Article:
https://resolver.caltech.edu/CaltechTHESIS:09022011-090934651Trapped ion magnetic resonance: concepts and designs
https://resolver.caltech.edu/CaltechTHESIS:05102013-144219320
Year: 1994
DOI: 10.7907/eeq1-kw72
<p>A novel spectroscopy of trapped ions is proposed which will bring single-ion
detection sensitivity to the observation of magnetic resonance spectra. The approaches
developed here are aimed at resolving one of the fundamental problems of molecular
spectroscopy, the apparent incompatibility in existing techniques between high information
content (and therefore good species discrimination) and high sensitivity. Methods for
studying both electron spin resonance (ESR) and nuclear magnetic resonance (NMR) are
designed. They assume established methods for trapping ions in high magnetic field and
observing the trapping frequencies with high resolution (<1 Hz) and sensitivity (single ion)
by electrical means. The introduction of a magnetic bottle field gradient couples the spin
and spatial motions together and leads to a small spin-dependent force on the ion, which
has been exploited by Dehmelt to observe directly the perturbation of the ground-state
electron's axial frequency by its spin magnetic moment. </p>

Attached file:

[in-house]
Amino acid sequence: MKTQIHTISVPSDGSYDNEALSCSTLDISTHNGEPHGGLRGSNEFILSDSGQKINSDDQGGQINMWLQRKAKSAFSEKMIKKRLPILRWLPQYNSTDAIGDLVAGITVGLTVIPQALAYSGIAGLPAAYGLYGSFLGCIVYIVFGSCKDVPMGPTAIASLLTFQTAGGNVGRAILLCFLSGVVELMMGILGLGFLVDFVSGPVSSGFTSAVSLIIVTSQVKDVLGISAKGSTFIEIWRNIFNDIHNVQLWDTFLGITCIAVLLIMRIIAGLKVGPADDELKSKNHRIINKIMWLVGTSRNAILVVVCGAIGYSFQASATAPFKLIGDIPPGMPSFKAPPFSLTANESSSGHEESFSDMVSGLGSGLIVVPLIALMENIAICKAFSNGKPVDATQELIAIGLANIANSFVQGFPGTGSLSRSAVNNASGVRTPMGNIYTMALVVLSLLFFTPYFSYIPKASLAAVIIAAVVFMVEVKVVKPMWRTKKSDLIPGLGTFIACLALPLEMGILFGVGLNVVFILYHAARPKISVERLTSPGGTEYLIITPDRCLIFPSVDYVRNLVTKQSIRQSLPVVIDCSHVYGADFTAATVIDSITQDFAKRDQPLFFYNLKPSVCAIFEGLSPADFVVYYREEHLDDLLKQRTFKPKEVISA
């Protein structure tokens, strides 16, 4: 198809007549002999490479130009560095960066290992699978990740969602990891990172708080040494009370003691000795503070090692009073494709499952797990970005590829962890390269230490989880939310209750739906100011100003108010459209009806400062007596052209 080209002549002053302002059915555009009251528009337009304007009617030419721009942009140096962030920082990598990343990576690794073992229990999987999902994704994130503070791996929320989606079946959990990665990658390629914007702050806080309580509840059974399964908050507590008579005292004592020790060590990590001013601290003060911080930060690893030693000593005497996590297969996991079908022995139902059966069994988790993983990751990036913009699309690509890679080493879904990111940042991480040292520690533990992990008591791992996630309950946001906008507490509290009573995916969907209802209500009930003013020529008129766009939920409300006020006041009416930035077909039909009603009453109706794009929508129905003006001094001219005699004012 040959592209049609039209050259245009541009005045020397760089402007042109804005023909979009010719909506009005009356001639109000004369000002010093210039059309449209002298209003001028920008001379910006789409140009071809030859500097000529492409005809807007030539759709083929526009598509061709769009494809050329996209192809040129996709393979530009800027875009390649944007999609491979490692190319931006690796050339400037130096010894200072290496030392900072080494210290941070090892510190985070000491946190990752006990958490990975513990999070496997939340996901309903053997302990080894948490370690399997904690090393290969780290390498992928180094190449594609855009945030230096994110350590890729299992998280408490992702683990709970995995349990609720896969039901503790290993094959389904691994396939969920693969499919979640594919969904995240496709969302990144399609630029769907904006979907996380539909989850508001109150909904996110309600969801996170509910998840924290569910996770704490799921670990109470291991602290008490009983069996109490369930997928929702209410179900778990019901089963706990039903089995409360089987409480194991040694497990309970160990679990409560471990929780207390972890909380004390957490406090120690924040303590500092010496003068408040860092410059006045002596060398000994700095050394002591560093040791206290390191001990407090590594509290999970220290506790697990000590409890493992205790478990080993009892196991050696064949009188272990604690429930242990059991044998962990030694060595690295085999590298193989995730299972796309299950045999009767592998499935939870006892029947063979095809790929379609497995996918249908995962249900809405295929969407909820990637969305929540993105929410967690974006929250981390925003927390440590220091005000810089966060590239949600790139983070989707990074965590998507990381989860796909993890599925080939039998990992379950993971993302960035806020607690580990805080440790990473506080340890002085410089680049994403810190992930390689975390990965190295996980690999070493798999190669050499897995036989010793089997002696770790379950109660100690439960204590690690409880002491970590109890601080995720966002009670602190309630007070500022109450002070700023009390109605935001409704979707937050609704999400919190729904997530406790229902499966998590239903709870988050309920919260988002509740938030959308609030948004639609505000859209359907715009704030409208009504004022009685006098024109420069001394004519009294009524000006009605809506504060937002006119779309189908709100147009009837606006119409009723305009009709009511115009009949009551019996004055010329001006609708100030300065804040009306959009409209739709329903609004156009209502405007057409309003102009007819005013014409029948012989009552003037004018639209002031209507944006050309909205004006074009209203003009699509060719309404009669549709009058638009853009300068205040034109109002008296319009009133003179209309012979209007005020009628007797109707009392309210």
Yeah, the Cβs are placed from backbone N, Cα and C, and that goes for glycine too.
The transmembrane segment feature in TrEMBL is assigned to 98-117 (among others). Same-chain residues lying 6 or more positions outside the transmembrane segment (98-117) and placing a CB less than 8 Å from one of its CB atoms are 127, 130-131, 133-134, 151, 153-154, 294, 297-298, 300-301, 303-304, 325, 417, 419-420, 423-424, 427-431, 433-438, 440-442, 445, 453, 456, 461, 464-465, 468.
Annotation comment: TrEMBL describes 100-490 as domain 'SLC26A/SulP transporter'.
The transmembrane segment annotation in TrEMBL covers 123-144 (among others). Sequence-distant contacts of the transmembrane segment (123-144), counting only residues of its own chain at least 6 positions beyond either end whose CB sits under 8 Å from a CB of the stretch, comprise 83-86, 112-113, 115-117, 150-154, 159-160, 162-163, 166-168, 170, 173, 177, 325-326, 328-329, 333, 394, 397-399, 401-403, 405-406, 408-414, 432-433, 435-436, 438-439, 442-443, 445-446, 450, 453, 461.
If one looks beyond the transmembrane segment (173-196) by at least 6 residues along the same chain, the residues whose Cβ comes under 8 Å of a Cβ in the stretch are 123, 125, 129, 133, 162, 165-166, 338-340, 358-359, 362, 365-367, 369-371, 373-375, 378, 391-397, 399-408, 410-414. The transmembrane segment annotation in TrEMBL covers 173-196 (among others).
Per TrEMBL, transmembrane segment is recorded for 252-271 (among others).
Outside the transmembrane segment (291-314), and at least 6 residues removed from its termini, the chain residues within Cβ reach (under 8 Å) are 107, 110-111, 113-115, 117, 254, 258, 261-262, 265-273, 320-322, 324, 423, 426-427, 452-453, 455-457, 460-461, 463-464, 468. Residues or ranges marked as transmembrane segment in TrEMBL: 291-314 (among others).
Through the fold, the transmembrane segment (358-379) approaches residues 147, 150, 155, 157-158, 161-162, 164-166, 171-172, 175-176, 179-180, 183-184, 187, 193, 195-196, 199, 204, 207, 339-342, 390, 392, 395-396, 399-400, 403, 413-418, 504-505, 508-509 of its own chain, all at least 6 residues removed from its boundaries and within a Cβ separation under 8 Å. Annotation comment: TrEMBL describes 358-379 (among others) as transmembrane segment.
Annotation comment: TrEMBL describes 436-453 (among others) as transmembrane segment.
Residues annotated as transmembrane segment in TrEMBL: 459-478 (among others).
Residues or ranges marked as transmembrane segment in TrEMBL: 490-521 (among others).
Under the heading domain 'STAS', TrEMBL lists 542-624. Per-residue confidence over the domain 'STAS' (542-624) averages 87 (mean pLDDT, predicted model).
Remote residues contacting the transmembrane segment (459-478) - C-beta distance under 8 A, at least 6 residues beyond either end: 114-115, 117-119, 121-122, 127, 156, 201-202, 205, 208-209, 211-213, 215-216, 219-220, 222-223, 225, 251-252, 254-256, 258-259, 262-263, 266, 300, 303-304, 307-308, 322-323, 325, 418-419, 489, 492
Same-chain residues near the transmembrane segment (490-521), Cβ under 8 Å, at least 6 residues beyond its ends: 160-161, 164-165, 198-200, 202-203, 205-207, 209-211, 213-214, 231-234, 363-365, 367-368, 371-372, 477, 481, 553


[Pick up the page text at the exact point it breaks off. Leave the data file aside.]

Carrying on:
<p>A series of fundamental innovations is described m order to extend magnetic
resonance to the higher masses of molecular ions (100 amu = 2x 10^5 electron masses) and smaller magnetic moments (nuclear moments = 10^(-3) of the electron moment). First, it is
demonstrated how time-domain trapping frequency observations before and after magnetic
resonance can be used to make cooling of the particle to its ground state unnecessary.
Second, adiabatic cycling of the magnetic bottle off between detection periods is shown to
be practical and to allow high-resolution magnetic resonance to be encoded pointwise as
the presence or absence of trapping frequency shifts. Third, methods of inducing spindependent
work on the ion orbits with magnetic field gradients and Larmor frequency
irradiation are proposed which greatly amplify the attainable shifts in trapping frequency. </p>
<p>The dissertation explores the basic concepts behind ion trapping, adopting a
variety of classical, semiclassical, numerical, and quantum mechanical approaches to
derive spin-dependent effects, design experimental sequences, and corroborate results
from one approach with those from another. The first proposal presented builds on
Dehmelt's experiment by combining a "before and after" detection sequence with novel
signal processing to reveal ESR spectra. A more powerful technique for ESR is then
designed which uses axially synchronized spin transitions to perform spin-dependent work
in the presence of a magnetic bottle, which also converts axial amplitude changes into